• Geological Specialist. Study the composition, structure, and other physical aspects of the earth. May use geological, physics, and mathematics knowledge in exploration for oil, gas, or underground water; or in waste disposal, land reclamation, or other environmental problems. May study the earth's internal composition, atmospheres, and its magnetic, electrical, and gravitational forces. Includes mineralogists, crystallographers, and seismologists.
  • Hydrologist. Research the distribution, circulation, and physical properties of underground and surface waters; study the form and intensity of precipitation, its rate of infiltration into the soil, movement through the earth, and its return to the ocean and atmosphere.
  • Microbiologist. Investigate the growth, structure, and other characteristics of microscopic organisms, such as bacteria, algae, or fungi. Includes medical microbiologists who study the relationship between organisms and disease or the effects of antibiotics on microorganisms.
  • Scientist. Study the chemical composition and physical principles of living cells and organisms, their electrical and mechanical energy, and related phenomena. May conduct research to further understanding of the complex chemical combinations and reactions involved in metabolism, reproduction, and heredity. May determine the effects of foods, drugs, and other substances on tissues and vital processes of living organisms.
  • Soil Conservation Technician. Plan and develop coordinated practices for soil erosion control, soil and water conservation, and sound land use.

EDUCATIONAL OPPORTUNITIES: Environmental Health and Safety Specialist Training

Pomona College - Claremont, CA

Pomona College, 550 N College Ave Alexander Hall, Claremont, CA 91711-6319. Pomona College is a small college located in Claremont, California. It is a private not-for-profit school with primarily 4-year or above programs. It has 1,532 students and an admission rate of 16%. Pomona College has a bachelor's degree program in Environmental Science which graduated thirteen students in 2008.

Whittier College - Whittier, CA

Whittier College, 13406 E Philadelphia Street, Whittier, CA 90601. Whittier College is a small college located in Whittier, California. It is a private not-for-profit school with primarily 4-year or above programs. It has 1,895 students and an admission rate of 72%. Whittier College has a bachelor's degree program in Environmental Science.

Claremont McKenna College - Claremont, CA

Claremont McKenna College, 500 E 9th St, Claremont, CA 91711-6400. Claremont McKenna College is a small college located in Claremont, California. It is a private not-for-profit school with primarily 4-year or above programs. It has 1,212 students and an admission rate of 19%. Claremont McKenna College has a bachelor's degree program in Environmental Studies.

California State University-Fullerton - Fullerton, CA

California State University-Fullerton, 800 N State College Blvd, Fullerton, CA 92831-3599. California State University-Fullerton is a large university located in Fullerton, California. It is a public school with primarily 4-year or above programs. It has 36,990 students and an admission rate of 60%. California State University-Fullerton has a master's degree program in Environmental Studies which graduated thirty students in 2008.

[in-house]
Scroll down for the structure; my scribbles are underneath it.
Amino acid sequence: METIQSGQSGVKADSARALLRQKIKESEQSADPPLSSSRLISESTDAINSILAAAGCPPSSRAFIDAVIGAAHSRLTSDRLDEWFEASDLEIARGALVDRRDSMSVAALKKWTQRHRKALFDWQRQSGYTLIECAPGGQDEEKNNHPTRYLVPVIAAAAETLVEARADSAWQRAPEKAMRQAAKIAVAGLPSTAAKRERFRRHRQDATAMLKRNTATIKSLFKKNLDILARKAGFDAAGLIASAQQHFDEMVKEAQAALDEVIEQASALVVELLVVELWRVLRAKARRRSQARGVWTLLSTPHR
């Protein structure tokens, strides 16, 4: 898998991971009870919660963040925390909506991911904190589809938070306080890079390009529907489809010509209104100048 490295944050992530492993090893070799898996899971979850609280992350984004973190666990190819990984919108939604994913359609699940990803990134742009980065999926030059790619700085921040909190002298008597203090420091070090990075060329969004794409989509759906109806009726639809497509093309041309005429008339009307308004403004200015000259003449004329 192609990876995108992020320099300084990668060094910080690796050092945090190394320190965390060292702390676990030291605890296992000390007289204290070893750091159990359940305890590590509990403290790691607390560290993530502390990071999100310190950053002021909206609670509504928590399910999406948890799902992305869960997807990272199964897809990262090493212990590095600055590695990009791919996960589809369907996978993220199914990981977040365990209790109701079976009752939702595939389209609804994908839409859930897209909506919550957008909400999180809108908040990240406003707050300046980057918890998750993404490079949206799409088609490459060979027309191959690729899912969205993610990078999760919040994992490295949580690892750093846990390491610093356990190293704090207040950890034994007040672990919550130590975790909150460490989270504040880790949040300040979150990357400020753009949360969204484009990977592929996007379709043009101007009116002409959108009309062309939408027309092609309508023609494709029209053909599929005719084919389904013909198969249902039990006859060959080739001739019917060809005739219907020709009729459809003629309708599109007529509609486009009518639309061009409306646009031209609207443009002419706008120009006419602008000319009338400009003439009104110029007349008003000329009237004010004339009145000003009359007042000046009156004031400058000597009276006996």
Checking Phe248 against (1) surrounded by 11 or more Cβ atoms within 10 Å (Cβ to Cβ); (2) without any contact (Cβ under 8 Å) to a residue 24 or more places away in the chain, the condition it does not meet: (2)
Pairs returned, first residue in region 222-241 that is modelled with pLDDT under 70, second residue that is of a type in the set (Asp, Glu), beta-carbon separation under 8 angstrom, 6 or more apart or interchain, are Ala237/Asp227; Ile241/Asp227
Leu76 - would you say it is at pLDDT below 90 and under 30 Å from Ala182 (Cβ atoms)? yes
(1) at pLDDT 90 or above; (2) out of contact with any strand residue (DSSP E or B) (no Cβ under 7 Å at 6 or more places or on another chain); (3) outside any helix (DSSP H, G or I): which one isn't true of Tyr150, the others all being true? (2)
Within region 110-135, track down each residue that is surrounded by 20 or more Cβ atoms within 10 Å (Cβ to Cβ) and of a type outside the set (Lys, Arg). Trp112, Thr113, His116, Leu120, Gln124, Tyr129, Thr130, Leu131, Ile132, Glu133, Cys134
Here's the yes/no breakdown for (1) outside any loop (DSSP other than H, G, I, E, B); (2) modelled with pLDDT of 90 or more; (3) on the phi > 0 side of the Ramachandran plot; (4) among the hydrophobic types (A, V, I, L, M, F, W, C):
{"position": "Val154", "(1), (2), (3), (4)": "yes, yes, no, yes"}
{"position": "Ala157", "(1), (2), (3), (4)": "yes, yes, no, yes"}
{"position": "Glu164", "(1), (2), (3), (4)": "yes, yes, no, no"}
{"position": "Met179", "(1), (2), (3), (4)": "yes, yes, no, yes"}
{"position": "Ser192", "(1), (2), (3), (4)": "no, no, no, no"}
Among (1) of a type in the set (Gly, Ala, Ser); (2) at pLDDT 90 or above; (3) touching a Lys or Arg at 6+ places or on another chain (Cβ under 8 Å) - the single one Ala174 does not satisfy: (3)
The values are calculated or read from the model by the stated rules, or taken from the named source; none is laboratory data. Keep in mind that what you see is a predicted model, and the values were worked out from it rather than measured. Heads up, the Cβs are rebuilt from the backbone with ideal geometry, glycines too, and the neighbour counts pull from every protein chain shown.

University of California-Los Angeles - Los Angeles, CA

University of California-Los Angeles, 405 Hilgard Ave, Los Angeles, CA 90095-1405. University of California-Los Angeles is a large university located in Los Angeles, California. It is a public school with primarily 4-year or above programs. It has 37,782 students and an admission rate of 24%. University of California-Los Angeles has a bachelor's degree and a doctor's degree program in Environmental Science which graduated six and one students respectively in 2008.

Pitzer College - Claremont, CA

Pitzer College, 1050 North Mills Avenue, Claremont, CA 91711-6101. Pitzer College is a small college located in Claremont, California. It is a private not-for-profit school with primarily 4-year or above programs. It has 1,025 students and an admission rate of 22%. Pitzer College has 2 areas of study related to Environmental Health and Safety Specialist. They are:

  • Environmental Studies, bachelor's degree which graduated 1 student in 2008.
  • Environmental Science, bachelor's degree.

Fullerton College - Fullerton, CA

Fullerton College, 321 E Chapman Avenue, Fullerton, CA 92832-2095. Fullerton College is a large college located in Fullerton, California. It is a public school with primarily 2-year programs and has 22,500 students. Fullerton College has an associate's degree program in Environmental Science which graduated one student in 2008.

Golden West College - Huntington Beach, CA

Golden West College, 15744 Golden West, Huntington Beach, CA 92647-2710. Golden West College is a large college located in Huntington Beach, California. It is a public school with primarily 2-year programs and has 14,000 students. Golden West College has an associate's degree program in Environmental Science.

California State University-Long Beach - Long Beach, CA

California State University-Long Beach, 1250 Bellflower Blvd, Long Beach, CA 90840-0115. California State University-Long Beach is a large university located in Long Beach, California. It is a public school with primarily 4-year or above programs. It has 37,891 students and an admission rate of 47%. California State University-Long Beach has a bachelor's degree program in Environmental Studies which graduated two students in 2008.

University of Southern California - Los Angeles, CA

University of Southern California, University Park, Los Angeles, CA 90089. University of Southern California is a large university located in Los Angeles, California. It is a private not-for-profit school with primarily 4-year or above programs. It has 33,747 students and an admission rate of 22%. University of Southern California has 2 areas of study related to Environmental Health and Safety Specialist. They are:

  • Environmental Studies, bachelor's degree, master's degree, and post-master's certificate which graduated six, zero, and zero students respectively in 2008.
  • Environmental Science, bachelor's degree which graduated 1 student in 2008.

University of California-Irvine - Irvine, CA

University of California-Irvine, , Irvine, CA 92697. University of California-Irvine is a large university located in Irvine, California. It is a public school with primarily 4-year or above programs. It has 25,899 students and an admission rate of 56%. University of California-Irvine has a master's degree and a doctor's degree program in Environmental Studies which graduated one and five students respectively in 2008.